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7 technologies we could do without
7 technologies we could do without
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7 technologies we could do without

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Technological advances in the recent decades have thrust us into an era of vast, previously impossible opportunities. It’s an era of constant evolution; of never ending updates and inventions. As more …

Technological advances in the recent decades have thrust us into an era of vast, previously impossible opportunities. It’s an era of constant evolution; of never ending updates and inventions. As more of this new comes in, more old must go out. These are my suggestions on what to exterminate next.

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  • 1. 7 Technologies We Could Do Without BY DYLAN TAYLORTechnological advances in the recent decades have thrust us into an era of vast, previously impossible opportunities. It’s an era ofconstant evolution; of never ending updates and inventions. As more of this new comes in, more old must go out. These are mysuggestions on what to exterminate next.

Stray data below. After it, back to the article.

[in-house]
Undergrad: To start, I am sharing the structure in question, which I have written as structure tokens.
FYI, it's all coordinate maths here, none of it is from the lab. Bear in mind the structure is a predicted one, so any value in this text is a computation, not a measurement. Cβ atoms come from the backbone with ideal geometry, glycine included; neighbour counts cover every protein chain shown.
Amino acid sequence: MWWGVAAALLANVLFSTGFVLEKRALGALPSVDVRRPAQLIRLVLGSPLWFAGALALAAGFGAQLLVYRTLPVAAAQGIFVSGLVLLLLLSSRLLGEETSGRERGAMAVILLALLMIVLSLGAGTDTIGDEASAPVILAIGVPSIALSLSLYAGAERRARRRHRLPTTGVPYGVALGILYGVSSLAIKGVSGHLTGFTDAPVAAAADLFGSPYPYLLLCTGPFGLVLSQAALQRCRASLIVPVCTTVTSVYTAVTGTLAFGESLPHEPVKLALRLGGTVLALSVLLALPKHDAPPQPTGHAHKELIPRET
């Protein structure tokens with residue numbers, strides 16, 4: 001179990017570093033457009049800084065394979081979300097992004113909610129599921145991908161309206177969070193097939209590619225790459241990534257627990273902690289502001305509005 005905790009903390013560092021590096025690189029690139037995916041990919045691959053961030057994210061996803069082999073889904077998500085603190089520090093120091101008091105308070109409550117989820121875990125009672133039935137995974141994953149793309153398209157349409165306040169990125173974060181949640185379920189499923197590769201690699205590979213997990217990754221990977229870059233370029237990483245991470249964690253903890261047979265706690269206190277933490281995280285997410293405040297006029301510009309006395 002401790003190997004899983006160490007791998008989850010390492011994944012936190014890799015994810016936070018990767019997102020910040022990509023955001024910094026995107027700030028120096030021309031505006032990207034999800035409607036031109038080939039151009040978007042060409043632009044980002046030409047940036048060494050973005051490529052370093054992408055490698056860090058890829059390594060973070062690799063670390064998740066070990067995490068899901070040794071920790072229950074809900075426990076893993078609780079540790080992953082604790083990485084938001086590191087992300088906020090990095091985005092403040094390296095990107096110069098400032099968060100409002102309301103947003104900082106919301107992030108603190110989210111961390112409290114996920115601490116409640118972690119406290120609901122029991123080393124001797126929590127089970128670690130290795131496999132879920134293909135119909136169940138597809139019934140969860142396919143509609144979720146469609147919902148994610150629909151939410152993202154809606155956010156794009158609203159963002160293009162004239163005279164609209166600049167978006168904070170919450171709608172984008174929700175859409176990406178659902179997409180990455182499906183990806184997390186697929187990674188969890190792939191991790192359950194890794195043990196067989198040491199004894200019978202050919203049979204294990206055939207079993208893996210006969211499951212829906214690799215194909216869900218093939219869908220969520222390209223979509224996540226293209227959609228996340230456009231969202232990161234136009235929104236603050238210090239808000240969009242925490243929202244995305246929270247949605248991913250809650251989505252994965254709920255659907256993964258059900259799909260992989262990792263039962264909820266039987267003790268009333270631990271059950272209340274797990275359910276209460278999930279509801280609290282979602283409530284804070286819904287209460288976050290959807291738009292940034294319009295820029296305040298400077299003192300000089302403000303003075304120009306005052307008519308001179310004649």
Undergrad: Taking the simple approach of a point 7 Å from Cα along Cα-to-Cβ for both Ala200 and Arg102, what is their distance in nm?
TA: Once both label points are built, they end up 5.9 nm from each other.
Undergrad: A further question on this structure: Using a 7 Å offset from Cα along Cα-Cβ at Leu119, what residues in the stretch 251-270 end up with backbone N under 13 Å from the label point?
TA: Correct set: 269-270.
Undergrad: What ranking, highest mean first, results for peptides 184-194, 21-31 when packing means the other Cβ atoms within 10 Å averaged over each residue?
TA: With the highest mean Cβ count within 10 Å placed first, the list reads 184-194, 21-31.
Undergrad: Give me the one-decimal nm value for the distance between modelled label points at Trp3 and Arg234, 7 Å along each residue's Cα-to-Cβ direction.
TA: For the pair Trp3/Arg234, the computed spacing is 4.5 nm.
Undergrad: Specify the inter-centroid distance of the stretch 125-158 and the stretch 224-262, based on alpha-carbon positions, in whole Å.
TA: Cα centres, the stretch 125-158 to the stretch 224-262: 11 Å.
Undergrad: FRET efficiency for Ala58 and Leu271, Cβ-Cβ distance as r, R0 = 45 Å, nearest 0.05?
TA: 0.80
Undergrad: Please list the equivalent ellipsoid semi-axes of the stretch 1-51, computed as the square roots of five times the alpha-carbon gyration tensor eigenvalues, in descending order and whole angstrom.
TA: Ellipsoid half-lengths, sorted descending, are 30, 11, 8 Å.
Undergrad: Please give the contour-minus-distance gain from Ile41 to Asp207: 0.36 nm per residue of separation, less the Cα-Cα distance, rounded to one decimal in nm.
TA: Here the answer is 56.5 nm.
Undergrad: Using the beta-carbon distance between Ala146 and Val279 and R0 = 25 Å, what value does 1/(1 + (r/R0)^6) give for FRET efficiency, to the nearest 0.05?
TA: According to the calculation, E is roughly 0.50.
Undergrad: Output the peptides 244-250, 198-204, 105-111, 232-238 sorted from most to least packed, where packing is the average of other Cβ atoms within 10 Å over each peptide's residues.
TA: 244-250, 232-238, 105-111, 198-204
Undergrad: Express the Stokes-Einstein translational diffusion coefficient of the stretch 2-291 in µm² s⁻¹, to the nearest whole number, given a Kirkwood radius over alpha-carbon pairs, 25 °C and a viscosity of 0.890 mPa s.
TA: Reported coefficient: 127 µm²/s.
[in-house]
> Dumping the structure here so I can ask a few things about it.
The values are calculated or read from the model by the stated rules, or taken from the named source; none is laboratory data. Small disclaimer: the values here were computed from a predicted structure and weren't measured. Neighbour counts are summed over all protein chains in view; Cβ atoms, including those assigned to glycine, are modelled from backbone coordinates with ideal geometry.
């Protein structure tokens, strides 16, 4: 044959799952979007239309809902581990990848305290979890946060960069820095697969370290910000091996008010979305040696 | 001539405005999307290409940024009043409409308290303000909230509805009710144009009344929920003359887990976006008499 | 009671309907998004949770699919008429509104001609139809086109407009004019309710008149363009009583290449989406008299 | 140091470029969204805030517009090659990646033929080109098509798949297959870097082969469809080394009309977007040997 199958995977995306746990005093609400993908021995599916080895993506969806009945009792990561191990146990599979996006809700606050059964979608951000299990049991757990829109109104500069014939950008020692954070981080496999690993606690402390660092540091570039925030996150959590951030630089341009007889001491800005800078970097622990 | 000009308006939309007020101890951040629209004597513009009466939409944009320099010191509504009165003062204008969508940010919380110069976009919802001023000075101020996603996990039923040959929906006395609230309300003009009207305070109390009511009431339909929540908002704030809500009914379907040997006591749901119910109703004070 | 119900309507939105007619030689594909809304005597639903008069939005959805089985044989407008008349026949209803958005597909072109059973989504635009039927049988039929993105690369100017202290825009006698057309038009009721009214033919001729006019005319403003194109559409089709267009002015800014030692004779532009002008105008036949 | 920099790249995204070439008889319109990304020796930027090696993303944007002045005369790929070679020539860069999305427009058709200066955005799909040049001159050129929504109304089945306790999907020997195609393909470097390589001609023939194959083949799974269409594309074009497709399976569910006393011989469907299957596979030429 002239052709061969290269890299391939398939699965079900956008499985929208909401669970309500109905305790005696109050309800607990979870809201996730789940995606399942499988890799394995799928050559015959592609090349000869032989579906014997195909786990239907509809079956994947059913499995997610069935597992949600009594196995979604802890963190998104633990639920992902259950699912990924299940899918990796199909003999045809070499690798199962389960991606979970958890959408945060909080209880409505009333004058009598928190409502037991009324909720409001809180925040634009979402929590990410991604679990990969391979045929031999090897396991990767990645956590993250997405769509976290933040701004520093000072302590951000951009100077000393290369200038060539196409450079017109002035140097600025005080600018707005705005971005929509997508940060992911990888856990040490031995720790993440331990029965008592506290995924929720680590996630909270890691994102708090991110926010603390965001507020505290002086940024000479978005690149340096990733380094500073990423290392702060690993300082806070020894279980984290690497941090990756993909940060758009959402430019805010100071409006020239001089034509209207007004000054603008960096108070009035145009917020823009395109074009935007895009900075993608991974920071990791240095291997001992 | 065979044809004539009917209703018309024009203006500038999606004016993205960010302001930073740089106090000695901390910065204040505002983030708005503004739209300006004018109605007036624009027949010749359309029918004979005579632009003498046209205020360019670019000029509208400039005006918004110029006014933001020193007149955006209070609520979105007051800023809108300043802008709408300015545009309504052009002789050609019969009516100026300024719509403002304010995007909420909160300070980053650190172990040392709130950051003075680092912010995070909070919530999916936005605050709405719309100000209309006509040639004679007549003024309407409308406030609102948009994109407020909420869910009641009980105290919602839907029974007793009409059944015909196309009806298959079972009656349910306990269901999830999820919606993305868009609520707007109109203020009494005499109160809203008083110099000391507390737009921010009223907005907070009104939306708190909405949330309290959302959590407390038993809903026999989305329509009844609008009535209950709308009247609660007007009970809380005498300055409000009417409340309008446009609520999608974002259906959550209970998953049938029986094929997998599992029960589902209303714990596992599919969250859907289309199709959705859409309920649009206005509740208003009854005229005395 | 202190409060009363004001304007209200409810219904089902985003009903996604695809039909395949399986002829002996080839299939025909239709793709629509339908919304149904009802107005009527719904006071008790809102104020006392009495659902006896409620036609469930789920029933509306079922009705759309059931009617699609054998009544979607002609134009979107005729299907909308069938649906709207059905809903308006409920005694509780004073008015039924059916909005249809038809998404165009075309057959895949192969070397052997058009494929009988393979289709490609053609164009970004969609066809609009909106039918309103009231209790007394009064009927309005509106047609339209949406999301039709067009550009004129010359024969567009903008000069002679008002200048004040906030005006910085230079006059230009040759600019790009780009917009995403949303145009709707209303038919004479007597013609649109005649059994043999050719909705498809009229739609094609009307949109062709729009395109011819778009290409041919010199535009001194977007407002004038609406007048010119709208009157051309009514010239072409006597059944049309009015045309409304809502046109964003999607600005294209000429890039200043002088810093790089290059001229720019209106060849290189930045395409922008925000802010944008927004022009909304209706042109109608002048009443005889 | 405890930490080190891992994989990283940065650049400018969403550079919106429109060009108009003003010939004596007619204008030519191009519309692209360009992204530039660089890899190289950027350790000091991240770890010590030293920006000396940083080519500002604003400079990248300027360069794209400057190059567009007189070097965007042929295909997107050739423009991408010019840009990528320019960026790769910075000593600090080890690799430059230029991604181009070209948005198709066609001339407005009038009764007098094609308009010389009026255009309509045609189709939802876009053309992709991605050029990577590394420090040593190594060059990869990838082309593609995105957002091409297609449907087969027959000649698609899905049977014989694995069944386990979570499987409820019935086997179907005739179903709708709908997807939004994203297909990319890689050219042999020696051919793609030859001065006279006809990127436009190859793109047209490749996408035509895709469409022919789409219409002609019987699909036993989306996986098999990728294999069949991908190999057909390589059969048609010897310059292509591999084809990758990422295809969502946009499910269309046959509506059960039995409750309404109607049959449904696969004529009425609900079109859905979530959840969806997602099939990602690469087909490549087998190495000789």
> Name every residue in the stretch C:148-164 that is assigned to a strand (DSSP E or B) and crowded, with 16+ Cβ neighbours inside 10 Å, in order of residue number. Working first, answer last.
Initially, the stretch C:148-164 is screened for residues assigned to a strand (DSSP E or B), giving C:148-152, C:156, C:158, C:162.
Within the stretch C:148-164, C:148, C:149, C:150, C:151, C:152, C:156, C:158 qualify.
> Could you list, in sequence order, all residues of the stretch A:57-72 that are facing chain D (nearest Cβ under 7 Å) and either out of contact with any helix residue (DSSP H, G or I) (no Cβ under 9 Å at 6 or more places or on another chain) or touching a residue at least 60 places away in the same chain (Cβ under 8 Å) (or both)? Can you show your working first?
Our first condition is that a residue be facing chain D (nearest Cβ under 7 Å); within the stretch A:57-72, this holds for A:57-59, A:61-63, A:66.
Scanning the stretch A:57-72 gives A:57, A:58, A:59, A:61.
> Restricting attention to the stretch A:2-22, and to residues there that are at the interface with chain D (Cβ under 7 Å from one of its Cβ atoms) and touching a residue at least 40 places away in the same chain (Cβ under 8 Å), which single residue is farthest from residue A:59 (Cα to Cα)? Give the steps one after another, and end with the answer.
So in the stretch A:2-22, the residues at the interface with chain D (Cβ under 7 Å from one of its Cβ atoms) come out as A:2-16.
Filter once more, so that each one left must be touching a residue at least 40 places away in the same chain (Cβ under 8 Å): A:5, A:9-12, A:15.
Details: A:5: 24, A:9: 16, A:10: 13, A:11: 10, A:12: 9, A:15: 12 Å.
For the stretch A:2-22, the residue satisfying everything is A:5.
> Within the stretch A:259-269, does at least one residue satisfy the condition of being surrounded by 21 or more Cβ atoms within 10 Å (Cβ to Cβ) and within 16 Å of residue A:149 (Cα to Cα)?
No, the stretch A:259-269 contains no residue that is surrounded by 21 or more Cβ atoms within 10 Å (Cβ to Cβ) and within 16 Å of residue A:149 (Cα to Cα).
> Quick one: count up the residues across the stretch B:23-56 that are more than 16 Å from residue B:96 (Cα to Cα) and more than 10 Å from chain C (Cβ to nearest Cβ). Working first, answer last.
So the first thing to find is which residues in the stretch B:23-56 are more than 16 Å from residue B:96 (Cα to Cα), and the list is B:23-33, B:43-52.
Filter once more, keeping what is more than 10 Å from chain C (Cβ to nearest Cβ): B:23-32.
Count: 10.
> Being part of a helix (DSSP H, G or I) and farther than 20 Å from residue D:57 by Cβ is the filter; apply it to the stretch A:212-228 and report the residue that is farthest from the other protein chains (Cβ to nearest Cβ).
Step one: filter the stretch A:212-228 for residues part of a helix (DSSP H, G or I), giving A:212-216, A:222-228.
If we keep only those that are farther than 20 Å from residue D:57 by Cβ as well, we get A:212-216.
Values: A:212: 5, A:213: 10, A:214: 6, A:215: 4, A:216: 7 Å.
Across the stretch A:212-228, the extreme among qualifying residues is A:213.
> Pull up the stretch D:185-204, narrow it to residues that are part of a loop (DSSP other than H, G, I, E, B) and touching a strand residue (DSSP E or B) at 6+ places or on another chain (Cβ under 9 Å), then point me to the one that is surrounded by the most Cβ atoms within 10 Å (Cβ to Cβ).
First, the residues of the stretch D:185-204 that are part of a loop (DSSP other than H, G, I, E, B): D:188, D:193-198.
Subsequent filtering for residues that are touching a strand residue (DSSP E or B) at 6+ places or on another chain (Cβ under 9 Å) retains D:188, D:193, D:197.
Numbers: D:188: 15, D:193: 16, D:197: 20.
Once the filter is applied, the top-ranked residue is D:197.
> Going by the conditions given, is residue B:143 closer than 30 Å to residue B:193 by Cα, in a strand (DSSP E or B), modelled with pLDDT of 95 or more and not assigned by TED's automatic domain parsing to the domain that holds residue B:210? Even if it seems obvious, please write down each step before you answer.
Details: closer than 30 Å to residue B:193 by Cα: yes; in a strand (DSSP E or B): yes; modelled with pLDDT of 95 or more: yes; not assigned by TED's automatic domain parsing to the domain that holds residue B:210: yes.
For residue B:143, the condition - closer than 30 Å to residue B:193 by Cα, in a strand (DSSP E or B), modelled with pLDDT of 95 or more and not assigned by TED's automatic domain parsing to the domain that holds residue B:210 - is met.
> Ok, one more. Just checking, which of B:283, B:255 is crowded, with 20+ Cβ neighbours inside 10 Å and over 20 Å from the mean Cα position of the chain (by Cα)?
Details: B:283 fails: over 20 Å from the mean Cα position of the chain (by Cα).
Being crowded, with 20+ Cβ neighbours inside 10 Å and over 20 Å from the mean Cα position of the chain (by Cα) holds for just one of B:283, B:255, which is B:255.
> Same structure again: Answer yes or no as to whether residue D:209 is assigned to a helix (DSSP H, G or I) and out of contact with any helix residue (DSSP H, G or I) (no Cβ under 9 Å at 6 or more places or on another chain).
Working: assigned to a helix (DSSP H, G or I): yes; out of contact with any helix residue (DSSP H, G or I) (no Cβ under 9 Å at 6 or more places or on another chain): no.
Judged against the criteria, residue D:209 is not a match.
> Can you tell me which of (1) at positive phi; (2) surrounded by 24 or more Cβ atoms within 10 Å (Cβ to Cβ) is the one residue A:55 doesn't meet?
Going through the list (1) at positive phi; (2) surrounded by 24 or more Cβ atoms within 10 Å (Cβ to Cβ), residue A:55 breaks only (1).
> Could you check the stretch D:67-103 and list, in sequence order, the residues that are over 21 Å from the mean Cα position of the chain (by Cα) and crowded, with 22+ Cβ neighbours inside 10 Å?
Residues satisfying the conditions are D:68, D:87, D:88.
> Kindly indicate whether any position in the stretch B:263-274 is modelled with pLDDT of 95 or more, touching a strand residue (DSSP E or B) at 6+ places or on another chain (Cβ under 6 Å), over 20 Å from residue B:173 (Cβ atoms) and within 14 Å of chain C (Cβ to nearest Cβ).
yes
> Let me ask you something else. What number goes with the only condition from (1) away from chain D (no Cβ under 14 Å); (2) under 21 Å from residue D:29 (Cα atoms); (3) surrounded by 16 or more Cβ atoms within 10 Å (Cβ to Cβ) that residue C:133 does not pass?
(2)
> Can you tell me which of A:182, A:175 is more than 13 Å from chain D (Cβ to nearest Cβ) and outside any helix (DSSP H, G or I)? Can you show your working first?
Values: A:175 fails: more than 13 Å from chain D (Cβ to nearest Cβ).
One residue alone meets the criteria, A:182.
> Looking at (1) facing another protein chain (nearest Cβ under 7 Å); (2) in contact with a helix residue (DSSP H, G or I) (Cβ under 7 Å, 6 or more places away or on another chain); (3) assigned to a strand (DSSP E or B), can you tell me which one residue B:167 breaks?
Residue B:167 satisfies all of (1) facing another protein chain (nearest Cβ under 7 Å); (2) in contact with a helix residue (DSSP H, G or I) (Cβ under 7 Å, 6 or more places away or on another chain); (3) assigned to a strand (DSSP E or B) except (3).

• 2. 1. Keypad cellphonesThe only people who use keypad cellphones (as opposed to the other dying breed: the keyboard cellphones) are those who haven’tadapted to the changes in the way individuals communicate. These phones, while boasting an onslaught of “useful” features such as thetip calculator and the time zone converter, offer, in reality, little other than just voice calling. While some praise that simplicity, the restof the world is no longer that simple.2. The Compact DiskThe CD was a thing of the early 2000s, and only because they were sexier than their predecessors, the cassette tape (shiver). Then cameiPods, or MP3 players in general, but just iPods if we’re being realistic. But CDs are still around, surprisingly, and so are CD players andso are CD stores. It doesn’t make much sense, especially when some laptops don’t even come with CD drives anymore. The thing justneeds to die out already. People buy their games and music online now, not through a CD.3. BluetoothOther than successfully making you appear as a lunatic rambling to yourself or as a public menace of the corporate grade, depending onthe age of the people you’re around, Bluetooth has had little impact. It’s a battery hog, its use is extremely limited, and there are far moreefficient (and secure) ways to connect devices nowadays. As for the headsets, come on. Be normal. Put your phone to your head whenyou talk. Like normal people.4. SMSCommunication has evolved, leaving SMS as the email of informal chat; clumsy and ugly. More advanced, up-to-date solutions includeApple’s recent iMessages or even Twitter’s DMs. And why not? In a world where everyone now has smart phones, not feature phones,everyone also has access to far more capable technologies, so why should we continue to use restrictive and outdated protocols when wecould be working with far more convenient solutions?5. QR codesQR codes have taken the marketing industry by storm over the last two years. I’ve seen them everywhere, from billboards to businesscards to menus to TV ads. They’re unarguably popular. I’ve never scanned one, though. I downloaded the app to scan them and wasexcited for about a day over it, but I never actually scanned one nor cared to. I’ve never seen anyone else scan one, for that matter, either.QR: All hype, no game.6. Conventional camerasWith the rise of smart phones came the fall of cameras. The fancy stuff — those wide-lens DSLR cameras — those won’t suffer becauseprofessionals use those, not smart phones, but the standard camera will soon be gone. And I’m not mourning, either; smart phonecameras offer an instant means of sharing, while standard cameras require cords and a computer to share, and isn’t sharing the wholepoint?7. Location-based appsFoursquare and Gowalla shined bright at their debut but have since lost much momentum, and with good reason. Aside the fact thatthey’re just plain creepy, “checking in” at every place you arrive at is a waste of time and an extra hassle, and those who do it just forMayorship are perceived as either unprioritized or narcissistic individuals by the rest of us. One should enjoy life, not sharing how muchhe enjoys life so much that he forgets to enjoy it.

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